Ledgestone retaining wall construction tips: Which retaining wall blocks are best? These solid blocks are heavy. Lighter, hollow blocks are available, but they can’t be split because cutting them will expose the voids. Also, some hollow blocks require individual backfilling, which is time consuming. These pros prefer Versa-Lok blocks, which are held together with pins rather than a lip on the bottom because pinned blocks work better on tighter curves, and the flat bottom makes them easier to stack. They have also found that the small back lip on some lipped blocks can be prone to cracking, which will weaken the wall.
First of all, what is No Fines Concrete (NFC)? Basically it is just what the name suggests, concrete without any fine aggregates or sand. It consists of generally an aggregate (gravel), cement and water. The aggregate is coated with the cement slurry binding it together, it dries with the strength of concrete but with voids or air pockets. This makes the NFC light weight and allows water to pass through its honeycomb texture.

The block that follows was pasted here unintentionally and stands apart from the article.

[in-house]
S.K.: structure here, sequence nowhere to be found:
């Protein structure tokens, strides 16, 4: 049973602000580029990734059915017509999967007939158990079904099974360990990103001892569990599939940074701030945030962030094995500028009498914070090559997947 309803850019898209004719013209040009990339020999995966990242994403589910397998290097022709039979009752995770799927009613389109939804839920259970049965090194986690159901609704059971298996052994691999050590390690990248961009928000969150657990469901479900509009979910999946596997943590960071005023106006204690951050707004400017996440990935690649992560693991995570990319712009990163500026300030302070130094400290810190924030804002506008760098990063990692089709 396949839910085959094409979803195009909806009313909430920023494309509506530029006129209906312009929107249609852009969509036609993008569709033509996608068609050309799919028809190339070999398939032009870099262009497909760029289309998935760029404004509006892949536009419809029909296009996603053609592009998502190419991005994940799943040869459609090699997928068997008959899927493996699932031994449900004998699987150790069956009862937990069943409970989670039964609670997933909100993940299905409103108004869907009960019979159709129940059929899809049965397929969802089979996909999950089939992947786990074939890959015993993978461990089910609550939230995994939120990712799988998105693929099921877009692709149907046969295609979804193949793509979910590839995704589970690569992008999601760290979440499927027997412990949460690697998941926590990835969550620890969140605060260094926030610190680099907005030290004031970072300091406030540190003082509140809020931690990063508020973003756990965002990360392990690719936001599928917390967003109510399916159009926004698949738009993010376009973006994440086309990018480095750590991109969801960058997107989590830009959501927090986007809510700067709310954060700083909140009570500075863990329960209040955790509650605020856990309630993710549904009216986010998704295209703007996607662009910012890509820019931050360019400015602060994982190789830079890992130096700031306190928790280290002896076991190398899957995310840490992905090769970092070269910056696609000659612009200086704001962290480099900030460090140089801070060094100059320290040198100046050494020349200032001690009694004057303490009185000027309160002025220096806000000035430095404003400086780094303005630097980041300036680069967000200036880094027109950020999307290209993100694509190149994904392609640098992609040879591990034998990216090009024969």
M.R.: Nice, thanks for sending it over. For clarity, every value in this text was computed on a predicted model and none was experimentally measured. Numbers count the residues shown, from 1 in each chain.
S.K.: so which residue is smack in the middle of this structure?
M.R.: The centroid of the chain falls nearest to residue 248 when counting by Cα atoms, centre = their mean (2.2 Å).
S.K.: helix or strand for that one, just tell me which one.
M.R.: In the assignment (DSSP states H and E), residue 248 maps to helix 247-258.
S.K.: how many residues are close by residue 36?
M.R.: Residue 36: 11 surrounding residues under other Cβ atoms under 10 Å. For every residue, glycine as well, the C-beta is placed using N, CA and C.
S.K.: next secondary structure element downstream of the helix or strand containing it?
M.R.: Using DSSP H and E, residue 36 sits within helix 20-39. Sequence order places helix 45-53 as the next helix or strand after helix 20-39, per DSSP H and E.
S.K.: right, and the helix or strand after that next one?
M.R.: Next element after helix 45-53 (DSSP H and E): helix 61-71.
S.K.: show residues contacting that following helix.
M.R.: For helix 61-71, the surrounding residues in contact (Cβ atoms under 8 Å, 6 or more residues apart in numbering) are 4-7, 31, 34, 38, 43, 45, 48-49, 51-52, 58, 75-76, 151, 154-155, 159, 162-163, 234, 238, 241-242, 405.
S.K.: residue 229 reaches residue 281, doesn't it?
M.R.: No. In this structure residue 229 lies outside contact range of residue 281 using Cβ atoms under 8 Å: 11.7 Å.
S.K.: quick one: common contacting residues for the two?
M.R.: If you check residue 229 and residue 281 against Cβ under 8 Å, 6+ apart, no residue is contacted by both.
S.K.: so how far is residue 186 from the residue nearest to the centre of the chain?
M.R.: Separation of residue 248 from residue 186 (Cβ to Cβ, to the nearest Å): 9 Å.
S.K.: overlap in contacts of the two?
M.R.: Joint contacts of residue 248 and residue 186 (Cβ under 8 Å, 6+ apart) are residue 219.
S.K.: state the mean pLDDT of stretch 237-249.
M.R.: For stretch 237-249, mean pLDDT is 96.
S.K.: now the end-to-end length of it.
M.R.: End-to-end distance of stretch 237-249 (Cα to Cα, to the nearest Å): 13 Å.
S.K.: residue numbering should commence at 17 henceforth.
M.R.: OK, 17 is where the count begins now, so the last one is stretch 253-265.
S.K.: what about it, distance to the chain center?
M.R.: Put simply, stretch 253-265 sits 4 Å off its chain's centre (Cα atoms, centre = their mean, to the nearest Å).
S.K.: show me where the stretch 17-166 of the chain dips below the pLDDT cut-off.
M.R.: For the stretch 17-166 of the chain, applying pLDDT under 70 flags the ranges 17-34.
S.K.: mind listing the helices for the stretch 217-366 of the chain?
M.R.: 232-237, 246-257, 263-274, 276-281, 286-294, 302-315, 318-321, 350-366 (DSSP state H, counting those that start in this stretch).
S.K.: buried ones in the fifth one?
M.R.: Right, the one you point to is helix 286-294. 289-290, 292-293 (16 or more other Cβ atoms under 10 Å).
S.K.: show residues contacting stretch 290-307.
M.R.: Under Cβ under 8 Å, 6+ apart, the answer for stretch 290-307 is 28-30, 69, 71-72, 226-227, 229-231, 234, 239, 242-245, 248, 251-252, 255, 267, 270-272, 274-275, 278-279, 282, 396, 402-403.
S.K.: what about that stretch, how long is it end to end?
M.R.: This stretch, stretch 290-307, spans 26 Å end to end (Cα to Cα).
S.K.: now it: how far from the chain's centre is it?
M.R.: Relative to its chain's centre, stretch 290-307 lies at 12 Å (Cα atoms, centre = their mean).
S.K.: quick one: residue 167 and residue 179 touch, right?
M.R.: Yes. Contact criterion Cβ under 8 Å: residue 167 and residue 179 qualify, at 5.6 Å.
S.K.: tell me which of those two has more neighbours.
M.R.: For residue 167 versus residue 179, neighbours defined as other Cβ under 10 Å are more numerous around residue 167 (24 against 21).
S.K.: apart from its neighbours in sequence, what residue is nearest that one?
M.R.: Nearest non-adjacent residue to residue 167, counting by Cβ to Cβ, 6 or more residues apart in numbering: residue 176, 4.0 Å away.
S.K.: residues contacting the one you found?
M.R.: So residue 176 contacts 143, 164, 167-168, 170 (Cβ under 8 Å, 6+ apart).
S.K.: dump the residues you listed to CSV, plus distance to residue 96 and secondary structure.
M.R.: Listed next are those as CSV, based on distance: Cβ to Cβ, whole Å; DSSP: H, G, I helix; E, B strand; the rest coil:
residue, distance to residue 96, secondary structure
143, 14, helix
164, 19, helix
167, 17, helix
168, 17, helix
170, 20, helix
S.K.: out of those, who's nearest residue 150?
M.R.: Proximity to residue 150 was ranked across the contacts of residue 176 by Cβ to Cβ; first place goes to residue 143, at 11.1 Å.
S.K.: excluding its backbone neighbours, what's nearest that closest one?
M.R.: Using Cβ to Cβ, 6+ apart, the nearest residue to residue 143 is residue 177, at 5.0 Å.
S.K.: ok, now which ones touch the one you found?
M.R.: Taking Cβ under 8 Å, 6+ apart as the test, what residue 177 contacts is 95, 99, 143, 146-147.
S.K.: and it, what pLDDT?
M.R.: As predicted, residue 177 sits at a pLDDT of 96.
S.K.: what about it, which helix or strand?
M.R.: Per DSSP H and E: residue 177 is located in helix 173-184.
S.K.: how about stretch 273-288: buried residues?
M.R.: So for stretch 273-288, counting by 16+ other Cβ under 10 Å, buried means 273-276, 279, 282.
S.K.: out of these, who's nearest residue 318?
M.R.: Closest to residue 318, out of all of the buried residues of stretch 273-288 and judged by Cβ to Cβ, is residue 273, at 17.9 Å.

Colorado Retaining Wall specializes in the building and repair of retaining walls. Whether the wall is for a backyard or driveway of a residence or a commercial Shopping Center, we design and build large block walls for all Earth retention requirements. We have the ability to fortify the wall with shotcrete or soil nails which would include helical tie-backs or micropiles. Nearly every wall we build requires engineering and we have deep relationships with engineers that work hand-in-hand with our foremen regardless of the size of project. Please read our reviews and look and our photo gallery. See additional info on Best Retaining Walls Colorado.
Designing very tall walls gets rather complex when accounting for lateral pressure, as do the reinforcement options. For example, a retaining wall 8 feet tall is not just twice as strong as a wall 4-foot tall. The 8-foot wall actually needs to be four times stronger. For walls taller than 4 feet, hiring a licensed engineer to develop a design would be a smart move. At the very least, remember to follow the system manufacturer’s instructions to the letter. Plus, keep in mind that building big walls means moving truckloads of soil, gravel and heavy block.
DON’T lay blocks on an unlevel surface. The first course (or row of blocks) sets the stage for the rest of the wall, so it’s vital that you make it perfectly level. If it isn’t, subsequent rows won’t be level either, resulting in a retaining wall that’s lopsided and unattractive. Use a four-foot carpenter’s level to ensure that the gravel layer below the first course of blocks is level before you start setting the blocks. Any discrepancies here will show up higher in the wall. DO stack blocks at a slight backward slope.